Special Lenten services. There are so many. The Divine Liturgy on Sunday is the significantly longer Liturgy of St. Basil. Another oft-seen service is the Akathist, which is a long hymn in honor of the Mother of God. But our family’s favorite is The Liturgy of the Presanctified Gifts. On any weekday in the East you will not find a Divine Liturgy in which the priest consecrates the bread and wine into the body and blood of Christ. In Lent, that is reserved for Sundays (which also proves what I was saying).

On Wednesdays and Fridays, you have instead a Divine Liturgy in which the Holy Eucharist is brought forth from the tabernacle in a solemn procession from a side door in the iconostasis (icon screen to you and me) and then through the Royal Doors in the center to be worshipped on the altar. Then the faithful may receive holy Communion. We feel transported back in time to the Old Testament foundations of our faith, to the time of longing for the Savior. This liturgy is rich with the chanting of psalms and petitions and punctuated by solemn prostrations. Speaking of which …

Prostrations. The above video shows only the first one but prostrations always come in threes in honor of the Blessed Trinity. And because it takes longer —  just kidding. Prostrations involve kneeling and then bowing to the floor — and if you’re in the mood, giving the dirt a brotherly kiss. A related form of reverence is a deep bow from the waist while standing. Kneeling is not traditional, though you do see kneelers in Eastern churches, along with Stations of the Cross, both of which came from the West. After the prostrations which follow Lenten liturgy, it still may be too soon to put your coat on because of …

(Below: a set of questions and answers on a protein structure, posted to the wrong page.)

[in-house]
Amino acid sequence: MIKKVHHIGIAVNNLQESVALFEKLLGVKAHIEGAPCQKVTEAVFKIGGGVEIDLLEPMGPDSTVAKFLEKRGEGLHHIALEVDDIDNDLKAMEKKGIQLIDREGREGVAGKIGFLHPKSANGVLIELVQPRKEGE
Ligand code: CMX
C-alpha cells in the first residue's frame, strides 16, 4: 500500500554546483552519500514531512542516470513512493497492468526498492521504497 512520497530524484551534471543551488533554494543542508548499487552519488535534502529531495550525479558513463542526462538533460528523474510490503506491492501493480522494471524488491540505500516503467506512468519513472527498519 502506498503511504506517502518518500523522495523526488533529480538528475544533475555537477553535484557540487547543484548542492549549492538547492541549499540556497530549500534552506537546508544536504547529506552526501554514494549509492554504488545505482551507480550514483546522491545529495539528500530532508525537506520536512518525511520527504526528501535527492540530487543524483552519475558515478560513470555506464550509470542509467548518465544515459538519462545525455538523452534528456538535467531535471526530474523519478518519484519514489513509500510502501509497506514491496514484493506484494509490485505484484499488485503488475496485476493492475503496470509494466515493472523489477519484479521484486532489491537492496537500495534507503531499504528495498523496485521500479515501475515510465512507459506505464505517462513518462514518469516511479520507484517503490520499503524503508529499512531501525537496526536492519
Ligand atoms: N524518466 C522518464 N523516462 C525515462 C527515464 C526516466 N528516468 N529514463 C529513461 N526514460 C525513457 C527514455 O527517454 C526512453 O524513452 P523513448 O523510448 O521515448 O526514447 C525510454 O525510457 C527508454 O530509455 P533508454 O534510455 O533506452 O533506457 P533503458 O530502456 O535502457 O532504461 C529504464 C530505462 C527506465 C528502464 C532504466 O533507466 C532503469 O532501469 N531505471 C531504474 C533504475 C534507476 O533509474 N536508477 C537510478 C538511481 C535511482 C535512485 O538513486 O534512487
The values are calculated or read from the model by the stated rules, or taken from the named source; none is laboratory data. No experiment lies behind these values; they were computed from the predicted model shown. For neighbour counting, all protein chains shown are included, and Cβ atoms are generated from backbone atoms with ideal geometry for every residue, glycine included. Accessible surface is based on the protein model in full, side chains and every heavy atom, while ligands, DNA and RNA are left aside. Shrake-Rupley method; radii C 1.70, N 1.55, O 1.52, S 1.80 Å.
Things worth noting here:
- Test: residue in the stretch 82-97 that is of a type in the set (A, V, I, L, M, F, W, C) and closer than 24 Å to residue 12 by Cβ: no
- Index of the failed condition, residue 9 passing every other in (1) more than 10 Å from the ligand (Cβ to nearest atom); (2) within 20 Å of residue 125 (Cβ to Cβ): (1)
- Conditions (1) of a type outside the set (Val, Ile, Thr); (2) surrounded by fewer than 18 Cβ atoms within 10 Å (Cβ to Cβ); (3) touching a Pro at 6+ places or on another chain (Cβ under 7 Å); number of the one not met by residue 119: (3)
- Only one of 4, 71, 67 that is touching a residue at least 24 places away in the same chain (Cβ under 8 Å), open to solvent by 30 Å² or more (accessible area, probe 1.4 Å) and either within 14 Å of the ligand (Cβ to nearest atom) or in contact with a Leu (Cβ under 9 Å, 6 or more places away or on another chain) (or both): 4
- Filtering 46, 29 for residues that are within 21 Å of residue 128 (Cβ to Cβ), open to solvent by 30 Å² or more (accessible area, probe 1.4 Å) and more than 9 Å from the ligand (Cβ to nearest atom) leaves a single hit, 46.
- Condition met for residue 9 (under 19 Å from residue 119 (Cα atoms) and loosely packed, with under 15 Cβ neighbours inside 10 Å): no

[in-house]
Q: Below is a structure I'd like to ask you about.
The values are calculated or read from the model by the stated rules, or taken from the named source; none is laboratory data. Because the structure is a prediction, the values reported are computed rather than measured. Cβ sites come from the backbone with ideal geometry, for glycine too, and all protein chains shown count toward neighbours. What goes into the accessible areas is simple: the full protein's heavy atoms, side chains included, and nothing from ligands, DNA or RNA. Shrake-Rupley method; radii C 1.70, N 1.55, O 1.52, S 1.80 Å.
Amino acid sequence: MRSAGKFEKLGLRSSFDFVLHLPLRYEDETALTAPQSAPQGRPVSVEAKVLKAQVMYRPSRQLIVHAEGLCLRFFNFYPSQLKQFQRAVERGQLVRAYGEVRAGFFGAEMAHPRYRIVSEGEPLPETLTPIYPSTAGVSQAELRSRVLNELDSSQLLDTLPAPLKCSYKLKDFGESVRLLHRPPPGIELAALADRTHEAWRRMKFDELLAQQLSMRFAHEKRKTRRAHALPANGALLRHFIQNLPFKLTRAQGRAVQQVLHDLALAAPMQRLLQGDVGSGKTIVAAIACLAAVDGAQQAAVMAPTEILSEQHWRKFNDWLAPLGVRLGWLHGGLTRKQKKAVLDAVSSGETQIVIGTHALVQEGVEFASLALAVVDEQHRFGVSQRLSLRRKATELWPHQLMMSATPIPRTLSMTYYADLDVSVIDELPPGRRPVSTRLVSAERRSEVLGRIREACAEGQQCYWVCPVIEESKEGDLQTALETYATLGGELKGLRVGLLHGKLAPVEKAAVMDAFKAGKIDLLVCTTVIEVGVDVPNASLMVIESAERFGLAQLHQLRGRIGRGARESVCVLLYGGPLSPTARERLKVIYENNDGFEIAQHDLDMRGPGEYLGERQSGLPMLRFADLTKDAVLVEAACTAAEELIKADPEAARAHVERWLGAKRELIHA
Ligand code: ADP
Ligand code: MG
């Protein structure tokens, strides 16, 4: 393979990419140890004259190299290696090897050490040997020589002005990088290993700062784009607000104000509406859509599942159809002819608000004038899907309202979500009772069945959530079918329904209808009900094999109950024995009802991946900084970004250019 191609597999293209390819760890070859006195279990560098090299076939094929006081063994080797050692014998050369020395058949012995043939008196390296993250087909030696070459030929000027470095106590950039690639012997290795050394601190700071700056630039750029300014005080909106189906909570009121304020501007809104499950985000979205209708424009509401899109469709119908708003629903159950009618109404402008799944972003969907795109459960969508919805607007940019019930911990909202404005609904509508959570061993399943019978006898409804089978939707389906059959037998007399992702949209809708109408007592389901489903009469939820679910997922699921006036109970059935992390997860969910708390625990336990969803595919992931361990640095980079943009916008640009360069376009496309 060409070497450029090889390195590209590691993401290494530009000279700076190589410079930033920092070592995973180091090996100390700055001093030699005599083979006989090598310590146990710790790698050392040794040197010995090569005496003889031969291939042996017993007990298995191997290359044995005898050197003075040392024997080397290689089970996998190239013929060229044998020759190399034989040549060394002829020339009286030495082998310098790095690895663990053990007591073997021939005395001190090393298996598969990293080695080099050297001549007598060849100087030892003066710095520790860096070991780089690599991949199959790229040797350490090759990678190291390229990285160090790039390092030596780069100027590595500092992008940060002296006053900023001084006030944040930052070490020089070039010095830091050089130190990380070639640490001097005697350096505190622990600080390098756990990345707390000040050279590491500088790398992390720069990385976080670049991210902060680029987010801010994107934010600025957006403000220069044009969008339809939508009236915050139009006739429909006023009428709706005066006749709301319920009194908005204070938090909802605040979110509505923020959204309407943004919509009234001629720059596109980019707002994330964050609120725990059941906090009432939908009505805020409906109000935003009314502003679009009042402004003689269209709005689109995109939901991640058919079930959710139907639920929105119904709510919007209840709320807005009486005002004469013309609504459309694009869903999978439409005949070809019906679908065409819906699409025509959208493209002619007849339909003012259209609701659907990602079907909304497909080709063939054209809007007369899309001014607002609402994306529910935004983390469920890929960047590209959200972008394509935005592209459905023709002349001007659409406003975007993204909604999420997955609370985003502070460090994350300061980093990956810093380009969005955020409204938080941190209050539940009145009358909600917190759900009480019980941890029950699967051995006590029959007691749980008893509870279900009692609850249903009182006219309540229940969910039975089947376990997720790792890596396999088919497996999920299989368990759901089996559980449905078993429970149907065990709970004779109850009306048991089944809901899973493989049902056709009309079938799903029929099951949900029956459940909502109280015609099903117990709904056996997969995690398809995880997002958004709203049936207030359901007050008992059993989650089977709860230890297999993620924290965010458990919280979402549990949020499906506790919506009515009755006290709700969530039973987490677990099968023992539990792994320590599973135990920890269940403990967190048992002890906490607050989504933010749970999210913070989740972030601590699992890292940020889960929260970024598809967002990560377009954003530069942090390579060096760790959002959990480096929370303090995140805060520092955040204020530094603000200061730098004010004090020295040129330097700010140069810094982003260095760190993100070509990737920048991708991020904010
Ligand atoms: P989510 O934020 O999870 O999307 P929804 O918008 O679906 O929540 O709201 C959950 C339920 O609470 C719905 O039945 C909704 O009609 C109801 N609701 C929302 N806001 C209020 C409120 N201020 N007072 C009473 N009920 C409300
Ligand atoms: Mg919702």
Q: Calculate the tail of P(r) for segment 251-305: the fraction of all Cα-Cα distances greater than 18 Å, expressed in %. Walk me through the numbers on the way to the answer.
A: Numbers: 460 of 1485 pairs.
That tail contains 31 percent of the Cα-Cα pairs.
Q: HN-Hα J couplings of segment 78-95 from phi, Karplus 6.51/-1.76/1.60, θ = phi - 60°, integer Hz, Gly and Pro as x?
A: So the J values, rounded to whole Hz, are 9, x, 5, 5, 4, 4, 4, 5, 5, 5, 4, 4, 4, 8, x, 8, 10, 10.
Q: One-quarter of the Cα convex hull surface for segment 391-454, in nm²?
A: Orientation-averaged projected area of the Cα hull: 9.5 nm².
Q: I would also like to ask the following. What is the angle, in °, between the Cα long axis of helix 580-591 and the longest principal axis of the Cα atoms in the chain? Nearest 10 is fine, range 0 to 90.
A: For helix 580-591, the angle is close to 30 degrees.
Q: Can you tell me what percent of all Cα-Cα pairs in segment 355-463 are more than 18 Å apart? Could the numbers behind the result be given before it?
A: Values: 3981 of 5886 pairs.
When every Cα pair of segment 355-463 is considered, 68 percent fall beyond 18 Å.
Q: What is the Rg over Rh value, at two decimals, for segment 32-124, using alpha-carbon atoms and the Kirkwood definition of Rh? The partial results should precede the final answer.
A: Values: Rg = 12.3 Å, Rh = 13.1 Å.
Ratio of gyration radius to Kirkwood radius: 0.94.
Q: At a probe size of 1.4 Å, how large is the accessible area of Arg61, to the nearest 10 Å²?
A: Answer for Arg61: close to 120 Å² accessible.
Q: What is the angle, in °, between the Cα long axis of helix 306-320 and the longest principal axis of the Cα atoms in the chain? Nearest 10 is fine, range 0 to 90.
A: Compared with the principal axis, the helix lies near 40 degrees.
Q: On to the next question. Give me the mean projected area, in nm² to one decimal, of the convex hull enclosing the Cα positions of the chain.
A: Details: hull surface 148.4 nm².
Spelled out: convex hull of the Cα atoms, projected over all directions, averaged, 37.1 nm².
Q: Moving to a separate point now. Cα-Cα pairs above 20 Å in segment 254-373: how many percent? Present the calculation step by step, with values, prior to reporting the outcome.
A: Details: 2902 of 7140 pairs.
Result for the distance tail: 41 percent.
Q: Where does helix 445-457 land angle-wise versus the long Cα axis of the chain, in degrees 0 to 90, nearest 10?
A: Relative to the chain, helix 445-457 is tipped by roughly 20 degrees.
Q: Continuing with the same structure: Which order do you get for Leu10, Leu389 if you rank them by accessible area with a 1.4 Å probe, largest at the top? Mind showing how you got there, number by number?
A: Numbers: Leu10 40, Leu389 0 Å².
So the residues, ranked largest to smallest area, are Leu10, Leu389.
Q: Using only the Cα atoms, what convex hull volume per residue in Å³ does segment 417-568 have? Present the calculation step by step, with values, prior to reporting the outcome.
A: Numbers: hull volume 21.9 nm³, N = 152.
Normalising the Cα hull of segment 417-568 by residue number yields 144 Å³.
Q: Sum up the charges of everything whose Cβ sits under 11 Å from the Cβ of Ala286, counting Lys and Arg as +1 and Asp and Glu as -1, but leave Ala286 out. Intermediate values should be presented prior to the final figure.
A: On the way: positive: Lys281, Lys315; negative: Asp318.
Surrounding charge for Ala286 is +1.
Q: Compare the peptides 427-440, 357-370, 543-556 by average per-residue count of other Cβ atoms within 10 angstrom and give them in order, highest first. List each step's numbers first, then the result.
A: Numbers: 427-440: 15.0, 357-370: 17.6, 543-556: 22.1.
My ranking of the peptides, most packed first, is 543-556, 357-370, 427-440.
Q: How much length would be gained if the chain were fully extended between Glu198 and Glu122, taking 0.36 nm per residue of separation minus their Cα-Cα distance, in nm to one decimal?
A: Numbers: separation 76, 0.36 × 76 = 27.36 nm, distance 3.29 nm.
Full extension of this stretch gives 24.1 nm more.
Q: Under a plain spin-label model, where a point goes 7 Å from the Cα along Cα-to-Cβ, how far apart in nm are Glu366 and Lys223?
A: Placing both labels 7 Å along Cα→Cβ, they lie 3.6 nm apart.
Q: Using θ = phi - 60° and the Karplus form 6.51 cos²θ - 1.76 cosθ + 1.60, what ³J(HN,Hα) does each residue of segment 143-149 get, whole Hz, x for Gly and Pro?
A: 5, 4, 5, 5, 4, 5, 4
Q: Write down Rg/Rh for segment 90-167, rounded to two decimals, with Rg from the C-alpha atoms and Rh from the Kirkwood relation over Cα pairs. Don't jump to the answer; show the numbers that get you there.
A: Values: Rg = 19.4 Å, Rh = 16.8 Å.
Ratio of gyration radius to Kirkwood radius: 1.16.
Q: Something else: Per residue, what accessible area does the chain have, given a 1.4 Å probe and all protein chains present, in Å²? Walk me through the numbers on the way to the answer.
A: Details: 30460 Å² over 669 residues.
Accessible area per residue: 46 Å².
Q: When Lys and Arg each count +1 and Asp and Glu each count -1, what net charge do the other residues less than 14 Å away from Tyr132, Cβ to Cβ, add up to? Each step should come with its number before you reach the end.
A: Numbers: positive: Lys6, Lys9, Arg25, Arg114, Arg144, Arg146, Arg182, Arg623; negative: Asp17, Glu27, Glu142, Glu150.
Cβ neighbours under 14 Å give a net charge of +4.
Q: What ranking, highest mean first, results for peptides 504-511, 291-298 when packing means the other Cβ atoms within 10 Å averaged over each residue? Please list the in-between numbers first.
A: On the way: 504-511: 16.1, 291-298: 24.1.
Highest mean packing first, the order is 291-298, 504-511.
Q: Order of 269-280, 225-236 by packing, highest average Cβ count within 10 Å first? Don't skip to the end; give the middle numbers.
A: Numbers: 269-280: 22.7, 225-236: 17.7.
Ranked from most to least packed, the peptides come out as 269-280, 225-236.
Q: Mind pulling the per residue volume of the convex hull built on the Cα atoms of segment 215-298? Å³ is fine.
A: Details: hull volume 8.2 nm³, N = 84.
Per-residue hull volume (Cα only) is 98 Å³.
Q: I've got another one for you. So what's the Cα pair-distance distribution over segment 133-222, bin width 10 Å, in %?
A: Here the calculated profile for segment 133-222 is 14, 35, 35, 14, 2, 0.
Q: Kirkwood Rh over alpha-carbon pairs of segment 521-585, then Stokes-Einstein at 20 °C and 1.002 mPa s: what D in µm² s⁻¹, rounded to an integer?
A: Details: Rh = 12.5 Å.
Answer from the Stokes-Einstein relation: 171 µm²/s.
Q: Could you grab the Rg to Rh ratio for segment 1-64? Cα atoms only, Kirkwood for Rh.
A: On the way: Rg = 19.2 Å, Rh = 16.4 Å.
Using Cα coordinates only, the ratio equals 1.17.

Sorokousty. This funny name means “40 mouths” after the custom of having 40 monks praying for the departed souls. Rather than dedicating the month of November to all souls, the souls of the faithful departed are remembered in the context of Lent. As with many Eastern rite practices, the theology is the same: “atonement for the dead that they might be absolved from their sin” (2 Maccabees 12:46).

After Divine Liturgy, the priest stands in front of the iconostasis and chants the names of all the deceased family members of the parishioners. Depending on the size of the parish, this could take until the next morning. Every priest I’ve ever seen makes up for that by running all the names together like this:

“Let us pray for the repose of the souls of the servants of God, of the Kolisnychenkonyksky family: Mary,Anna,Bogdan,Maria,Ivan,Mary,Anna,Andriy,Anna,Mary,Maria and …” deep breath … “Olga! Who have fallen asleep and for the forgiveness of their sins and offenses both voluntary and involuntary.”

All of these names, in which Mary and Anna figure prominently, represent people who used to occupy the same pews as their relations who are now praying for their souls. It is a reminder that they are still part of us, as members of the Communion of the Saints. Where would any of us be without the faithful who came before us and showed us the way? Probably still murdering our enemies most creatively and efficiently.

What can we do to be worthy of our rich heritage and pass it down to our own children? Lent provides ample opportunities to ponder those questions.